Livestock Advisor, Agriculture and Natural Resource Department, World Bank

LEAD Livestock, Environment and Development initiative


While the contribution of grazing systems to the world's meat supply is limited (nine percent of the global beef and thirty percent of the global mutton production), grazing systems have the most direct interface between livestock and land, water and bio-diversity, and cover the majority of the usable surface of the earth. They thus merit considerable attention in the livestock-environment debate. This presentation will first highlight the vast differences between the different grazing systems in the various ecological zones, and then define, for each of these production systems, the main pressures it is subjected to, the main evolution of the world's grazing resources, and the key responses needed to arrive at their more sustainable use. As such, this presentation closely follows the Pressure State Response model, outlined in an earlier presentation.

The need to differentiate

Grazing livestock can provoke beautiful images of animals completely in harmony with nature, but is also often associated with overgrazing, clouds of dust and desertification. A good understanding of the nature of grazing systems, and their differences is therefore essential. In this study, we distinguish basically four production systems: the arid, the semi-arid and sub-humid, the humid and the temperate/highlands grazing systems.

The arid grazing system (less than 75 growing days) is the most extensive system in terms of areas it covers. It is probably also one of the most debated and “high profile” systems, as it is directly associated with desertification. Recently, a group of ecologists and sociologists from the US and the UK, i.e. Behnke et al (1994), building on earlier work of Ellis and Swift (1988) and Westoby et al (1989), have contributed significantly to a better understanding of the arid grazing system. These scientists argued that the key determinant of the arid grazing system is its variable climate, which causes the system to be in a continuous state of dis-equilibrium. Thus, for the annual vegetation, not the biotic pressures, such as caused by man and animals, but abiotic factors, and especially rainfall, determine the state of the vegetation and next year's state of the resources. As will be seen later, this dis-equilibrium theory leads to completely different policy and investment requirements.

1 This is a summary of Chapter II of De Haan C., H. Steinfeld and H. Blackburn (1997). Livestock and the Environment: Finding the Balance. Wrenmedia, U.K.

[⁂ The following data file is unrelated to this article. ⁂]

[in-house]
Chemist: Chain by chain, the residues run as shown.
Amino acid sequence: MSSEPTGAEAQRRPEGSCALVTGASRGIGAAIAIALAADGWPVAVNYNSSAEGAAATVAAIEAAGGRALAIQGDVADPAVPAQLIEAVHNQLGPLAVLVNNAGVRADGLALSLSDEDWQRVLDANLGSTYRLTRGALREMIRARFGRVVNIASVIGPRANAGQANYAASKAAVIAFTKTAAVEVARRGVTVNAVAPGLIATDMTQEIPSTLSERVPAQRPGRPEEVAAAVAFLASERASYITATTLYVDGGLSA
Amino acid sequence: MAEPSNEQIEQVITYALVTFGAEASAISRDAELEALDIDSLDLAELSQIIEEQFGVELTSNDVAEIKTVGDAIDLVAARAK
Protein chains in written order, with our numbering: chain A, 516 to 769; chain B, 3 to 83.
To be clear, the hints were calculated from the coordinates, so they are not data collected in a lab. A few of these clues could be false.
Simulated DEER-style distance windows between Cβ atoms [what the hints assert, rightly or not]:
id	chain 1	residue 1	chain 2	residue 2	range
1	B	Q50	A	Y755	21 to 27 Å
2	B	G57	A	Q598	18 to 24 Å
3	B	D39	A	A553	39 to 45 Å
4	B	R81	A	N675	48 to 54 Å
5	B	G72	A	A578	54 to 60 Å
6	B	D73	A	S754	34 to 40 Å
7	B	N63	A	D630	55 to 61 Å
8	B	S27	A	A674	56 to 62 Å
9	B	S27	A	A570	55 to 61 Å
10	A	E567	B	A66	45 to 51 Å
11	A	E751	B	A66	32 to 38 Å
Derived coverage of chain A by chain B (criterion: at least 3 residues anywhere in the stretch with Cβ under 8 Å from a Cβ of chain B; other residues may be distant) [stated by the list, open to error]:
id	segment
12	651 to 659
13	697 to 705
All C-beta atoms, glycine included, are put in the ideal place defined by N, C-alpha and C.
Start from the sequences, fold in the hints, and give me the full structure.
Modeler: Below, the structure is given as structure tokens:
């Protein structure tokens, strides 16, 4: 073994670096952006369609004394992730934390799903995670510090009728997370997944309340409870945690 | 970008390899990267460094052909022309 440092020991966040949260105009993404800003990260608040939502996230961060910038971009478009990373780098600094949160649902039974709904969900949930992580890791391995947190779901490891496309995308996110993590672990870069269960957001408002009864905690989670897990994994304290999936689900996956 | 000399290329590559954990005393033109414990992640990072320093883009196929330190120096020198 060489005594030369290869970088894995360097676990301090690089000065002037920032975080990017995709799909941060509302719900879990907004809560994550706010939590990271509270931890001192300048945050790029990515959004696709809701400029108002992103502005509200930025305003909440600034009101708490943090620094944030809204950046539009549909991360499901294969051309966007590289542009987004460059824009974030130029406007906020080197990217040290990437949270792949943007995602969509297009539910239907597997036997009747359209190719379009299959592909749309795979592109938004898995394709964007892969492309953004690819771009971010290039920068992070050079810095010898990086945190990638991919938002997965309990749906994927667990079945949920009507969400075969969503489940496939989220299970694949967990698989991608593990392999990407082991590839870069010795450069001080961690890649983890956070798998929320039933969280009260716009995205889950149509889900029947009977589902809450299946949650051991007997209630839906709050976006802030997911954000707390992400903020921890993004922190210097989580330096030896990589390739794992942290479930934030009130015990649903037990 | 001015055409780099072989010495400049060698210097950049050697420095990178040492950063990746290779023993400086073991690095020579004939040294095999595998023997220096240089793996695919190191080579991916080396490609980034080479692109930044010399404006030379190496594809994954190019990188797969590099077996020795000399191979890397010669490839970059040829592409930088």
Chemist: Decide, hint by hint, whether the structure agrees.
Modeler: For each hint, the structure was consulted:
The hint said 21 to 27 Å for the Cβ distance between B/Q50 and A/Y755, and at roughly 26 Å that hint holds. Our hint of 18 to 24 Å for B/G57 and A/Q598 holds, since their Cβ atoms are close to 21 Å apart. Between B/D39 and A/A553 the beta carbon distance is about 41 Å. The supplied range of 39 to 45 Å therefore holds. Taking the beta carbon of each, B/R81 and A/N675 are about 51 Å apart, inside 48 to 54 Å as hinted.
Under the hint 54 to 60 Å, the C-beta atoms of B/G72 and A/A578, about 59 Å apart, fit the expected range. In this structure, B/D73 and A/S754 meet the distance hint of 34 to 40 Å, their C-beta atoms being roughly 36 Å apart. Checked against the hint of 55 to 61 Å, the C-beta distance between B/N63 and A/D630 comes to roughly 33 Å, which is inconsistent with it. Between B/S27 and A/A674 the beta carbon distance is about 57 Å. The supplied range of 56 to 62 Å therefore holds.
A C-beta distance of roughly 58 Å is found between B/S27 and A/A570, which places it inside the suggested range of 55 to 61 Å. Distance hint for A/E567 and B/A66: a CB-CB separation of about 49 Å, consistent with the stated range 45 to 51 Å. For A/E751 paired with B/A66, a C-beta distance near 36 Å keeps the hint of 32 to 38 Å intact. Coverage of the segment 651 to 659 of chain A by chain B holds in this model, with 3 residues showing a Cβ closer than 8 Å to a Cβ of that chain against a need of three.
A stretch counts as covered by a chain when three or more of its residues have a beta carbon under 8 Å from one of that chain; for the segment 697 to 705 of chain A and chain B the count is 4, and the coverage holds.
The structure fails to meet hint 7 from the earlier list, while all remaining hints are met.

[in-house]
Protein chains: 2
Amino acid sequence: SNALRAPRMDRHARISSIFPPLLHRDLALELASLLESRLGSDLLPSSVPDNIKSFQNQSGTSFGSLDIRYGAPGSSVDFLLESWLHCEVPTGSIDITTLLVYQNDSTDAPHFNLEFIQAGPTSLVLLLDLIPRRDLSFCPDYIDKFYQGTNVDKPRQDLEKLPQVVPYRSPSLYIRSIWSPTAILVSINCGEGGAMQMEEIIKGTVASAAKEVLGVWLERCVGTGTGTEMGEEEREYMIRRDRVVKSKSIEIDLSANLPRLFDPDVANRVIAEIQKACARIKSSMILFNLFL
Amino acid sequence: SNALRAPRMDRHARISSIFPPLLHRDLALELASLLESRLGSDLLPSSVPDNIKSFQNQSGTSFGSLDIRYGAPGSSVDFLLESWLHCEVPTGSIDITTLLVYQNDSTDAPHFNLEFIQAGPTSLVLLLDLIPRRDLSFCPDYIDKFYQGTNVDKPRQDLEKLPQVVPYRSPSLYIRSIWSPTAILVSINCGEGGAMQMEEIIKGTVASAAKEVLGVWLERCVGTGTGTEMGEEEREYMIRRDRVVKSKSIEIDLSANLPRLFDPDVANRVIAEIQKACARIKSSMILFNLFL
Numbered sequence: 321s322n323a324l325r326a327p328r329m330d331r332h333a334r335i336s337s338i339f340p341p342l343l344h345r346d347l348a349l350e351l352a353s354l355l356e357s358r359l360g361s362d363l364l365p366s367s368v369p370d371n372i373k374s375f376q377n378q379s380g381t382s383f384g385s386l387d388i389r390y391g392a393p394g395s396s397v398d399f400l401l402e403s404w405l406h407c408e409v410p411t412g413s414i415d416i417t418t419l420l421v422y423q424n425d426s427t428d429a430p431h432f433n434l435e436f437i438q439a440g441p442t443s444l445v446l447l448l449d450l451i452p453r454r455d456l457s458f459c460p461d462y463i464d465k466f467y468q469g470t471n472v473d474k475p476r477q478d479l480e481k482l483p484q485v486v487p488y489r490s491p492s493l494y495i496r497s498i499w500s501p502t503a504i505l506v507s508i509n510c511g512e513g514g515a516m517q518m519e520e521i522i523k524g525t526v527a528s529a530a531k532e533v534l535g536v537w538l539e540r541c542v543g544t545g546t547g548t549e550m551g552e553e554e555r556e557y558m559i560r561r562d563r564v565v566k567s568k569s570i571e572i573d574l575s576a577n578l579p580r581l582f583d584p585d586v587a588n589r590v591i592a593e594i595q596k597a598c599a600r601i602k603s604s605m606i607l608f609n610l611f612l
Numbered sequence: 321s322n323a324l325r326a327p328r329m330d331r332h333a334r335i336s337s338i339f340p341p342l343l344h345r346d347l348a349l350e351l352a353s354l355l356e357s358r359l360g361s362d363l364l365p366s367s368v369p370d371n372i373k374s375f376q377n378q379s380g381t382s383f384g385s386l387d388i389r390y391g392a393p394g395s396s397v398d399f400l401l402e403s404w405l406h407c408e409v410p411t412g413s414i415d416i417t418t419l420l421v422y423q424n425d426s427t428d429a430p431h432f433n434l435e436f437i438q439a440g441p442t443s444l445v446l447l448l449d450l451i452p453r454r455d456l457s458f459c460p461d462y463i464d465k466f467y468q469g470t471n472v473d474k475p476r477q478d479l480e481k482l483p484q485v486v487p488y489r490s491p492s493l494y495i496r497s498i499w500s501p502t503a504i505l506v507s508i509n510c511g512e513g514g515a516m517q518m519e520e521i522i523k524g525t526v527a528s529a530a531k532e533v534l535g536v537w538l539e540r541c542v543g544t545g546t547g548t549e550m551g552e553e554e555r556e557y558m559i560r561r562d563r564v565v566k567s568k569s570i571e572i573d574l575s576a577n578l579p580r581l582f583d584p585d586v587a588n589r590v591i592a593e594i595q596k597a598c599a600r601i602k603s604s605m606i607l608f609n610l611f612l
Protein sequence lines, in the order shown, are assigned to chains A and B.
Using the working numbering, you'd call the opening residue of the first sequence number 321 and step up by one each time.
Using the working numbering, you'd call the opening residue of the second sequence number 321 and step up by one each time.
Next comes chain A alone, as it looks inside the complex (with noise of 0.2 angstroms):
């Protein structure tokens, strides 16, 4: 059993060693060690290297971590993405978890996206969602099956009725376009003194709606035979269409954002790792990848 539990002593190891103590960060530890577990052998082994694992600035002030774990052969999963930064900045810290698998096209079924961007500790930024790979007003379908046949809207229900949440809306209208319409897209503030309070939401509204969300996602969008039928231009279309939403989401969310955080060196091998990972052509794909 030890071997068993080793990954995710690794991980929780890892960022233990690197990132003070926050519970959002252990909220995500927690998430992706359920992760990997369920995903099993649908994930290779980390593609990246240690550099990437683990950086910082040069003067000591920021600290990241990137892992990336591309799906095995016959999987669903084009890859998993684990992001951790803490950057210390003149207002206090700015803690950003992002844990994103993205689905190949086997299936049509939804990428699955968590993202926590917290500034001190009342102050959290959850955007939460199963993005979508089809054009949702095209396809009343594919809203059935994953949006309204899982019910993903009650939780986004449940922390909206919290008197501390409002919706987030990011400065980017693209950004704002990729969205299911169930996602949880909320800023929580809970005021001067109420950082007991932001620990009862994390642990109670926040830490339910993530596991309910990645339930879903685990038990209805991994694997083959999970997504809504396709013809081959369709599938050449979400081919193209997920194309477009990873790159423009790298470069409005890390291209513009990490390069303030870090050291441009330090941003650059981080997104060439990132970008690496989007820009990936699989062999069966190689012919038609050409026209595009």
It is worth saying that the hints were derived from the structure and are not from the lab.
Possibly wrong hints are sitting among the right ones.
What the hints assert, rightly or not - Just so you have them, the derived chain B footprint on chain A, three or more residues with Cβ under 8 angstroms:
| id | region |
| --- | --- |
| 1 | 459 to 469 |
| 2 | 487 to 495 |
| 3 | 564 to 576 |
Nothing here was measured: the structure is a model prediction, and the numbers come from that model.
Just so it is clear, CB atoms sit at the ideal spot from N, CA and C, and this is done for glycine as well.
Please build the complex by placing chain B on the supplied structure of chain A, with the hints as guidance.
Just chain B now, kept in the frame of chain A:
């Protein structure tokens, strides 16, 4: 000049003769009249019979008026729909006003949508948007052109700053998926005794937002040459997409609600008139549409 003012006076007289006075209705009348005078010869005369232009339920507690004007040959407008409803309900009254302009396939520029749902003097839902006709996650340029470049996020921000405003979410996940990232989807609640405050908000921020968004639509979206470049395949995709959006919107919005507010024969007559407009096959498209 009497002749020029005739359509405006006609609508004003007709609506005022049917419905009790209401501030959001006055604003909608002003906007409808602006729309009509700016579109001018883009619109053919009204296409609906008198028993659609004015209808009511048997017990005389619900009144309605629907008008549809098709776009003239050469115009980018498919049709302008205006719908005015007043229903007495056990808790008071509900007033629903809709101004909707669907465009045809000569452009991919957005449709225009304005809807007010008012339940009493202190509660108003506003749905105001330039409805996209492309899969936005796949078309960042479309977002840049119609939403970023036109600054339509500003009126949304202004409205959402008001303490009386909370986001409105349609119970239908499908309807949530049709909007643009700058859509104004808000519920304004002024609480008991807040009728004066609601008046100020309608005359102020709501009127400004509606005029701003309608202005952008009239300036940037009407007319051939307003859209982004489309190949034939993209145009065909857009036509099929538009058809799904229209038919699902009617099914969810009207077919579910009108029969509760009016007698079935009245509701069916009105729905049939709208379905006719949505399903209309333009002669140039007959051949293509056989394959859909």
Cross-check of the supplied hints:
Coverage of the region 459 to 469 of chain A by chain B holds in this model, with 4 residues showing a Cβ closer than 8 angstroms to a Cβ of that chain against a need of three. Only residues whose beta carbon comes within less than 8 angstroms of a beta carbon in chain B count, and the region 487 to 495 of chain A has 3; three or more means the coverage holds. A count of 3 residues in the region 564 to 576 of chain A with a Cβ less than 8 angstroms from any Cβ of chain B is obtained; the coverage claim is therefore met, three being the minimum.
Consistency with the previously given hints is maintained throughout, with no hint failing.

The semi-arid and sub-humid zones are defined as zones with a 75–270 days growing season. As precipitation increases, the dis-equilibrium characteristics of the arid areas turn into a more stable equilibrium environment, and progressively biotic factors, such as human pressure and the resulting land use, define the state of the natural resources. There is a continuum from the semi-arid zones, which are generally densely populated, to the sub-humid zone savannas, which have been rather empty until recently, as their access was impeded by human and livestock diseases, such as river blindness, African sleeping sickness in men and tick-born diseases in animals. This sub-humid zone is the area in which there are still opportunities for increased production, especially through mixed farming.

In the humid zones of the tropics, (a growing season of more than 270 days), rainforest becomes the climax vegetation, and livestock and grasslands mostly compete with that forest. Ranch encroachment in tropical rain forests has been the other “high profile” livestock-environment interaction, as it was exemplified as the case of conspicuous consumption of meat at the expense of bio-diversity.

The fourth and final system concerns the temperate and tropical highlands grazing system. Because of their high potential, the tropical highlands almost universally are dealing with a high population pressure, and that is why there are few real tropical grassland systems left, most having been converted to mixed farming systems. This group has to contend with extreme forms of nutrient imbalances: from the highly nutrient deficient grasslands in the East African Highlands, to the heavily nutrient surplus pastures of North Western Europe and the eastern US.

Pressures factors on the world's grazing resources

(a) Arid grazing systems